But the Liberal leader says the issue doesn't change his position that women, in consultation with their doctors, should have the right to decide for themselves whether to have an abortion.
He says it's not up to primarily male legislators to take that freedom of choice away from women.
Trudeau has been assailed by the Roman Catholic Church and anti-abortion advocates for his announcement last month that anyone who wants to run for the Liberal party in the next election must agree to support women's right to choose abortion in any vote on the issue.
The Ottawa archdiocese has said Trudeau should meet Archbishop Terrence Prendergast to discuss his views on abortion and determine whether, as a practising Catholic, the Liberal leader should continue receiving communion.
Trudeau says his office has told the archdiocese he'd be happy to meet Prendergast but nothing has been set up as yet.
"I look forward to sitting down with any and all faith leaders to talk about issues that are important to them," Trudeau told a news conference Wednesday.
But he made it clear religious leaders have no hope of persuading him to change his position on abortion.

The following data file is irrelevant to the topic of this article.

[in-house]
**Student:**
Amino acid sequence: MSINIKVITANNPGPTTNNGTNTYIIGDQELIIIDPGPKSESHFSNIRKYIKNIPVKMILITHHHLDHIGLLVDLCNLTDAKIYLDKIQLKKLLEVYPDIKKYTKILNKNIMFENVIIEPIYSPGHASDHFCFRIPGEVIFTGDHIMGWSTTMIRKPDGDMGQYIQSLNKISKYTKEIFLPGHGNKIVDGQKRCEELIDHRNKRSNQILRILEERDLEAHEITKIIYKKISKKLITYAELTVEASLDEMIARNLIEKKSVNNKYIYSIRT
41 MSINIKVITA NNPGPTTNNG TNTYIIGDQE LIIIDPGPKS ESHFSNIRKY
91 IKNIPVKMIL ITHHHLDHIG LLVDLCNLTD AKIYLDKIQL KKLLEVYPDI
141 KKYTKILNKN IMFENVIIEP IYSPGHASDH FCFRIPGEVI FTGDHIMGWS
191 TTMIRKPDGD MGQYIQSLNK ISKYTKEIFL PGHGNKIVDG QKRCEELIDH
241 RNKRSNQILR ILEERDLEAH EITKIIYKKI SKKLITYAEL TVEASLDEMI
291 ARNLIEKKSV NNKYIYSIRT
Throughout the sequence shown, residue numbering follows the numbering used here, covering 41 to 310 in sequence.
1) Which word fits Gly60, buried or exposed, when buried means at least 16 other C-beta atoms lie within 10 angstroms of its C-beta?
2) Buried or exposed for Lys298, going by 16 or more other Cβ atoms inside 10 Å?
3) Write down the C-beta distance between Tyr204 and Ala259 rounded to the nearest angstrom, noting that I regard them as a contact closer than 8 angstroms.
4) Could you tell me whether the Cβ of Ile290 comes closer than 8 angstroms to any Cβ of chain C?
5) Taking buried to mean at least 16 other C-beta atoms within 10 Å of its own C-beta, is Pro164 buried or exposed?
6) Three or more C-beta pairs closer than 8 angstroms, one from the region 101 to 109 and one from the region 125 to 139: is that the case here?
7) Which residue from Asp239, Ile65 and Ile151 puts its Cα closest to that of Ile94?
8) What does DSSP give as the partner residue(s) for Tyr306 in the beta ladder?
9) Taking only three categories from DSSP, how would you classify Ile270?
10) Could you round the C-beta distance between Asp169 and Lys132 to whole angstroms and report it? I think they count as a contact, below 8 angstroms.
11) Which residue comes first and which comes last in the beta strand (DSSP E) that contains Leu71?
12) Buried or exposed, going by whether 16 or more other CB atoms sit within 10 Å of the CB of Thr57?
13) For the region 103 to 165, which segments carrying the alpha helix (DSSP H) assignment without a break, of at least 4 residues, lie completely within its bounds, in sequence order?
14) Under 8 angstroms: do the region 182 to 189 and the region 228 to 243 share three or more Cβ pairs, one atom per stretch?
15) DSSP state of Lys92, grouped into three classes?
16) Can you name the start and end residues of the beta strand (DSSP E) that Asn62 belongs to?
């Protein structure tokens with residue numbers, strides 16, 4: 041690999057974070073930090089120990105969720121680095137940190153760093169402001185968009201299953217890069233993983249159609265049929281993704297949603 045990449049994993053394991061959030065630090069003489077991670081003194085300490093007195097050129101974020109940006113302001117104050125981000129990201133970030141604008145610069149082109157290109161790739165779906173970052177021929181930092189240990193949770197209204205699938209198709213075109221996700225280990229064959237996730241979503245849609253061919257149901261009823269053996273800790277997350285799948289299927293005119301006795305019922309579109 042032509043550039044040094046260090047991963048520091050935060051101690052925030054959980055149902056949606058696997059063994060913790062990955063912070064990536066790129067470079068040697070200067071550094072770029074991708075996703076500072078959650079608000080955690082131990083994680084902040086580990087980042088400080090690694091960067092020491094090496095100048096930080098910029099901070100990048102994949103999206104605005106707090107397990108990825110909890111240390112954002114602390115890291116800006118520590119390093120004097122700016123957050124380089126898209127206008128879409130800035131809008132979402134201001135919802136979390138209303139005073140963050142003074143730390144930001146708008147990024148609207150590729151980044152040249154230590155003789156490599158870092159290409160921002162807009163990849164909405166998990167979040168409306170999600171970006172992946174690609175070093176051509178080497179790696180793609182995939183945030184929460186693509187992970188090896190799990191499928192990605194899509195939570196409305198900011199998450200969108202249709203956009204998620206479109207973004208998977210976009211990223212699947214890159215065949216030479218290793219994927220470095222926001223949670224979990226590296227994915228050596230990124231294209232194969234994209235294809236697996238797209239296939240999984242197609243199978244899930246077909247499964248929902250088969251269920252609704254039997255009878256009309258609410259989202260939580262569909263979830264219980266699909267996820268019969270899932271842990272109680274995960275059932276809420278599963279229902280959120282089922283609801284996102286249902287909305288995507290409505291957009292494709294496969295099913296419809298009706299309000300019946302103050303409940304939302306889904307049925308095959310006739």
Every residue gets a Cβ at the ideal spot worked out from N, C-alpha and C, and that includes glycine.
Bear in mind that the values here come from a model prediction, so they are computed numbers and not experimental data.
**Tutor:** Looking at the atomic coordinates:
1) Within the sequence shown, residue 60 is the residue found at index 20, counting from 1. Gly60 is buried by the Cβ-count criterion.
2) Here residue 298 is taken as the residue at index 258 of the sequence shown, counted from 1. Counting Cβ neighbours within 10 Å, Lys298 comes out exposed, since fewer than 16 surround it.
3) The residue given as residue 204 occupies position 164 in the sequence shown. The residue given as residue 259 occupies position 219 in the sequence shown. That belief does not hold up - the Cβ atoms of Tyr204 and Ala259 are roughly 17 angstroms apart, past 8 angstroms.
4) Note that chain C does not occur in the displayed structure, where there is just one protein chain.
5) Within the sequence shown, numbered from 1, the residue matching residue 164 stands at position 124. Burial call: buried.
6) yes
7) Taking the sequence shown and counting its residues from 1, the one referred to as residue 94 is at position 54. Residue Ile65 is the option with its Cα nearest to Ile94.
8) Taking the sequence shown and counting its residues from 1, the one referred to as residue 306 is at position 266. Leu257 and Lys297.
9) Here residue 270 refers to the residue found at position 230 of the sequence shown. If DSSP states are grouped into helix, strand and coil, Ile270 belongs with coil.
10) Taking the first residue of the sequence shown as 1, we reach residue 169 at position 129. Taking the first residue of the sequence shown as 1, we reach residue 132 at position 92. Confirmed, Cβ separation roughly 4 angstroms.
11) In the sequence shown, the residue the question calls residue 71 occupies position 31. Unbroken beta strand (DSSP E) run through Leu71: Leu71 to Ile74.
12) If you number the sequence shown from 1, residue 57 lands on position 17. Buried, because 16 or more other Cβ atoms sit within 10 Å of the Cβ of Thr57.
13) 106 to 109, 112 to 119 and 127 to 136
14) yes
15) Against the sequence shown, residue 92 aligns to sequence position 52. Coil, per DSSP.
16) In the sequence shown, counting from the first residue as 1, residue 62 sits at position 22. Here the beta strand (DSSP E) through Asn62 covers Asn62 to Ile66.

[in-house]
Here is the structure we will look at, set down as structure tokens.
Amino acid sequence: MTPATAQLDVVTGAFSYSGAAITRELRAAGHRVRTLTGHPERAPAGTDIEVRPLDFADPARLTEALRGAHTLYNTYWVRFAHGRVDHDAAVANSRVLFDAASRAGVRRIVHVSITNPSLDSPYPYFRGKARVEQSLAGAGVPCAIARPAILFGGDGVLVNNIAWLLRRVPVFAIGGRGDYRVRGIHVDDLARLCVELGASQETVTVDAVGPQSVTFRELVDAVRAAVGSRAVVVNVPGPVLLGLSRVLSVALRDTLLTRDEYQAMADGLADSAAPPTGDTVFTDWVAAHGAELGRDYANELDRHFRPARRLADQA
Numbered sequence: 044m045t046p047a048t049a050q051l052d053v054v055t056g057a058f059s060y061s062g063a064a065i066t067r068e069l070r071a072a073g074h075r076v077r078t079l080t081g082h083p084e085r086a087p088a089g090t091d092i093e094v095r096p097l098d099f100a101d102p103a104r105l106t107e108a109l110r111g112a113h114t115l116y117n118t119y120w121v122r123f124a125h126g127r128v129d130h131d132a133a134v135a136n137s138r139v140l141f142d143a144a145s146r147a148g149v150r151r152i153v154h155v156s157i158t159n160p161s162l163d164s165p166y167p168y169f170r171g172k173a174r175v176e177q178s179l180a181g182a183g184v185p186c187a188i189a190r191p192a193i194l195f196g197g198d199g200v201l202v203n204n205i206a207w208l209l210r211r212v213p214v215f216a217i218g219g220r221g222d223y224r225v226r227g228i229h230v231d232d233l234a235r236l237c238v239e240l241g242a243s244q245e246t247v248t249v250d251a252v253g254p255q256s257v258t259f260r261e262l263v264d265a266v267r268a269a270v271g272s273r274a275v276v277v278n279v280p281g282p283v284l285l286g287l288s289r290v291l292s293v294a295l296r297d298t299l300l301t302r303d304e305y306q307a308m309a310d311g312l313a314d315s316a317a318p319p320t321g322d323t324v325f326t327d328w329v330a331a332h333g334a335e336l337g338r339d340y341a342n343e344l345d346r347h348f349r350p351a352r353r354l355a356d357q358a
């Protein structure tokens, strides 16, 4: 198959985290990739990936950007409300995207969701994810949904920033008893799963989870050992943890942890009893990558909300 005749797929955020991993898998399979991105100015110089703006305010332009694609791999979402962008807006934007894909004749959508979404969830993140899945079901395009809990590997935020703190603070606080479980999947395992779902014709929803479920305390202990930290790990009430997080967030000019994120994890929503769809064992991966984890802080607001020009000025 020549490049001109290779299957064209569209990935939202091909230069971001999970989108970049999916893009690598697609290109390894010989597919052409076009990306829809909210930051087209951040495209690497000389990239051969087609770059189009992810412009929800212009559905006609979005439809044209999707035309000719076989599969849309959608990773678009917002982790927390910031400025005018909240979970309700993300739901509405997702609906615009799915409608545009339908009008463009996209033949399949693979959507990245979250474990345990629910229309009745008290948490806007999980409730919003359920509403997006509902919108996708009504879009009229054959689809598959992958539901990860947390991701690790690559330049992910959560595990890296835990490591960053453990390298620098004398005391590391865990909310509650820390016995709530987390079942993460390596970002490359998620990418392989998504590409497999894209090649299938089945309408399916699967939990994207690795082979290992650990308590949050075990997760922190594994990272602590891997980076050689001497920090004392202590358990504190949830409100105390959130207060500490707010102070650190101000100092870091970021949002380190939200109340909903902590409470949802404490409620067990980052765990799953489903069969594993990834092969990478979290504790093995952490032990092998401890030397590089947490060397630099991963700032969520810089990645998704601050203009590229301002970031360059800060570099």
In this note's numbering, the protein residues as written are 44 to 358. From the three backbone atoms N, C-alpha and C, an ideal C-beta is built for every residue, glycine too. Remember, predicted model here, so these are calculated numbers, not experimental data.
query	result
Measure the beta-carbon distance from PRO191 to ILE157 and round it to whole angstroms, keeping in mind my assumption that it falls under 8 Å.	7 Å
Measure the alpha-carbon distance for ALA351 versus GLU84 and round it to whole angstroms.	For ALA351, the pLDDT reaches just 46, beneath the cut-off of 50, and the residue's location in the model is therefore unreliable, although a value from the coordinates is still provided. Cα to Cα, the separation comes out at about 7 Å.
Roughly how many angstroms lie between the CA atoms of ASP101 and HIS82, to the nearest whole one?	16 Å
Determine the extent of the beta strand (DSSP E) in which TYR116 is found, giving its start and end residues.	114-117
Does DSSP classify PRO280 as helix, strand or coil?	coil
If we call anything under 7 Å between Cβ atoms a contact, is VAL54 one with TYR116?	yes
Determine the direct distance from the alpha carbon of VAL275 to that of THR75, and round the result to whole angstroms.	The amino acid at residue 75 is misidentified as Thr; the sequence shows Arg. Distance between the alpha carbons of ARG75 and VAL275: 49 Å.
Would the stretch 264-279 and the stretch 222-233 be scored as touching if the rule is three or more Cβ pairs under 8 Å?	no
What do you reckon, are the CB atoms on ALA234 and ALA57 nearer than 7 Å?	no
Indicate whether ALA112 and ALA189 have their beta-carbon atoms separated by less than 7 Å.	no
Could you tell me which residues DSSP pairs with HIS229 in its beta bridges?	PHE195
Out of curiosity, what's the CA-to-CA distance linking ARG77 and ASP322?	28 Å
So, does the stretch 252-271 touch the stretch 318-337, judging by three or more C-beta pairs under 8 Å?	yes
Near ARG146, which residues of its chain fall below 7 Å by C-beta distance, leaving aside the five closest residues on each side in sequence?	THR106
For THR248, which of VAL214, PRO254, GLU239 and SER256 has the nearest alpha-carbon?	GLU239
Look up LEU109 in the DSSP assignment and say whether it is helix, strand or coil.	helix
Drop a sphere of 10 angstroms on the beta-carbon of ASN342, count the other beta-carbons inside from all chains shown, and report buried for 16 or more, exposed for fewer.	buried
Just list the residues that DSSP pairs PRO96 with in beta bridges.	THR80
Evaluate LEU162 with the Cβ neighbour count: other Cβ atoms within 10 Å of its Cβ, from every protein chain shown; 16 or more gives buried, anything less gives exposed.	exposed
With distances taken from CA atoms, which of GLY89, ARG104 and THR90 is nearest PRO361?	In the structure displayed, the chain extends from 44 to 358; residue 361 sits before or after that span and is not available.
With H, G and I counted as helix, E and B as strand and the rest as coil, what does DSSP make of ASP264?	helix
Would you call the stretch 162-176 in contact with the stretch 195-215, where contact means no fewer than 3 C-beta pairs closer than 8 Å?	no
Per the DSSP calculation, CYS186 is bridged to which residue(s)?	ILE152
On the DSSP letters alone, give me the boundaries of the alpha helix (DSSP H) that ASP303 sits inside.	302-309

"The Liberal party is unequivocal. We stand up for women's rights."
Trudeau was asked at one point if he's in favour of letting women in some ethnic communities abort female fetuses.
"I don't know that there is anyone in this country that is in favour of abortions," he said.
"But what I am very much in favour of is a woman's right to make that determination on her own, in consultation with the medical community, in consultation with whomever she chooses to consult.
"It is not for a room full of predominantly male legislators to take away those rights from women."
Trudeau noted that the Canadian Medical Association has denounced the practice of gender selective abortions and added: "I trust them to continue to oversee the medical practices that surround it."
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